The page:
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Halloween Pet Safety

Who doesn’t love Halloween?  Little kids dressed up as their favorite character, lots of chocolate and Fall fun for the entire family – including our pets!  From pet costumes to themed treats for pets, Halloween is a fun time for all – but it is also a time to provide protection and urge caution where our pets are concerned.

Center for Pet Safety Halloween Safety TipsFirst, let’s talk pet costumes. Yes, they can be adorable. If your dog has been acclimated to wearing sweaters he’ll likely readily adapt to wearing a costume – as long as it doesn’t interrupt his vision or hearing.  Not all pets appreciate costumes – so understand that if he doesn’t like it – don’t force the issue.

Are Pet Costumes required to be flammability tested to CFR 1610? NO they are not.

Center for Pet Safety feels it is also important to note that pet Halloween costumes do not have to undergo flammability testing required by Code of Federal Regulations (CFR)1610. Pet products are not considered “consumer products” and therefore manufacturers don’t have to abide by the federal regulations required for human costumes. As a general rule it is wise to keep pets away from flames, fire pits, sparklers…and any other holiday item that can spark a fire.

Good Housekeeping provided guidance on selecting costumes for children and we recommend pet owners heed their advice when selecting costumes for your pets.

This time of year Halloween Candy seems to be everywhere and is very tempting – not only to us, but also to our pets.  Chocolate can prove to be a toxic substance for pets – especially when consumed in volume.  Chewing gum, metallic and plastic wrappers are also a hazard as they can clump up and block our pet’s digestive system.  Sugar-free candies containing Xylitol are extremely toxic to our pets. The lesson here is to be cautious with candy – make sure not to leave it in an accessible spot – your pet might not be able to resist the temptation.  Store candy out of reach in a cabinet or sealed container.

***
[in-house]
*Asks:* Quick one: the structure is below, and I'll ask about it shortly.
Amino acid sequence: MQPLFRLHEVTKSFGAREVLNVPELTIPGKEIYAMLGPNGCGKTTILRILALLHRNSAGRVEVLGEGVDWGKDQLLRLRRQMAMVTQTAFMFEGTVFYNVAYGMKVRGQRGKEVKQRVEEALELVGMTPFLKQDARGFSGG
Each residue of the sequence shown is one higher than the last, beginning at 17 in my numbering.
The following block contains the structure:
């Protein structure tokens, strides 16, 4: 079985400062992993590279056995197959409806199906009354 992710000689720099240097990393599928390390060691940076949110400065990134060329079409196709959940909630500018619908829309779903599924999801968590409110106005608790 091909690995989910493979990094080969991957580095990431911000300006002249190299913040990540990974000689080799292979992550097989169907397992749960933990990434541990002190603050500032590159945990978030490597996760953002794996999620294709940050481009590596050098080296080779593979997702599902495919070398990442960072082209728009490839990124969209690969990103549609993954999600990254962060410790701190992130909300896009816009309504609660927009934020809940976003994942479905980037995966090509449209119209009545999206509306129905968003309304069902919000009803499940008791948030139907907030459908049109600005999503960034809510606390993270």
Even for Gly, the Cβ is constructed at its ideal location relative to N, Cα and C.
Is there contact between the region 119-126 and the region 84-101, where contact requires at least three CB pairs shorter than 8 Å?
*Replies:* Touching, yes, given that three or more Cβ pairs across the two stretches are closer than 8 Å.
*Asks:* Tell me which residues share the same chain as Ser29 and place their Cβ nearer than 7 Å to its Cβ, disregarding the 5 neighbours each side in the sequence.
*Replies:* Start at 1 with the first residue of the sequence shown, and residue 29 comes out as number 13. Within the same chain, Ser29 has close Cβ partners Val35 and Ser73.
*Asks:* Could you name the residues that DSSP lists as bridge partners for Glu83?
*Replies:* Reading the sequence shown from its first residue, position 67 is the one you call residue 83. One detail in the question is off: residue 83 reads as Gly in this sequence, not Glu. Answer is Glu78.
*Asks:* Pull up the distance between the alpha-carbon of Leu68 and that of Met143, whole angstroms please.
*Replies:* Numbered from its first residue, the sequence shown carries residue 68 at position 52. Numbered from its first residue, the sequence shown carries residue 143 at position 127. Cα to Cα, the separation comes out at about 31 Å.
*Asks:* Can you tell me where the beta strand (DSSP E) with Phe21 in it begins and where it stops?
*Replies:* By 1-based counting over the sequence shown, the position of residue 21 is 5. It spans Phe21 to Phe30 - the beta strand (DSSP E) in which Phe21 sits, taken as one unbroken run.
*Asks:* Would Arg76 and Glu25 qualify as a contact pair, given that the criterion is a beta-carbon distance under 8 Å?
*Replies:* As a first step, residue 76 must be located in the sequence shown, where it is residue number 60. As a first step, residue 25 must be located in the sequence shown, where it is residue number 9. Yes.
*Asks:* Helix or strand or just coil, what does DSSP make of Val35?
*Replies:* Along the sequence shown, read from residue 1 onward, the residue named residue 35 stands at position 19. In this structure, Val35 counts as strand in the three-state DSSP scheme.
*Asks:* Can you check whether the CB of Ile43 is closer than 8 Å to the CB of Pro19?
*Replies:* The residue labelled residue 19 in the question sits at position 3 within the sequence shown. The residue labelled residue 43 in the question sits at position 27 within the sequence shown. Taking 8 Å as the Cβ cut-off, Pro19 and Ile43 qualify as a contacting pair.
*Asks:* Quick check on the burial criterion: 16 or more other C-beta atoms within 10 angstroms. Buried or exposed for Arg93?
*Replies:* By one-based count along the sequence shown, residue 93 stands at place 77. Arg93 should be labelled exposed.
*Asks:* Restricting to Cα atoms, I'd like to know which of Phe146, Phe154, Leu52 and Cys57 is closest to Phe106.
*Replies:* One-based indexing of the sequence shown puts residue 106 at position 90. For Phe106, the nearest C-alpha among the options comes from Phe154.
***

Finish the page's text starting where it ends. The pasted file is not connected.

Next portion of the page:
Ringing doorbells and costumed children can also stress our pets.  If your dog barks at the doorbell you will want to confine him on Halloween night.  This will help to keep your dog safe and you can rest easy knowing that he won’t run out the front door or frighten neighborhood children.  Use a crate to confine them in a quite room with a distraction like a radio or television.  The familiar noises will make them feel like this is a day like any other.  For those pets that are full of anxiety, you can partially cover the crate to create more of a den.  Soft lighting helps calm them as well.  Reassure your pet with a calm, soothing voice.  As a responsible pet owner, you must also know that if something causes that level of anxiety in your dog, you may want to forego the events altogether.  There is nothing wrong with turning out the lights and deciding not to participate in Halloween.

Protect Your Pets, Especially Black Cats

When you take the dog out – go out with him.  We all know that there are people out there who do not value our pets as much as we do.  It is common to hear stories of pets being abused, poisoned, kidnapped and even killed during Halloween.  Black cats are especially at risk. Don’t let strangers give your pet treats on Halloween night – unless you brought the treats yourself.  Go out with your pet, spend quality time, and if you don’t have a fenced backyard, keep your dog on a leash.  Keep a close watch and remember, better safe than sorry.

Halloween is meant to be a fun enjoyable experience and there is no reason that your pet can’t join in the festivities.  A little pre-planning and common sense will make Halloween an enjoyable night for the entire family!

Happy Halloween!




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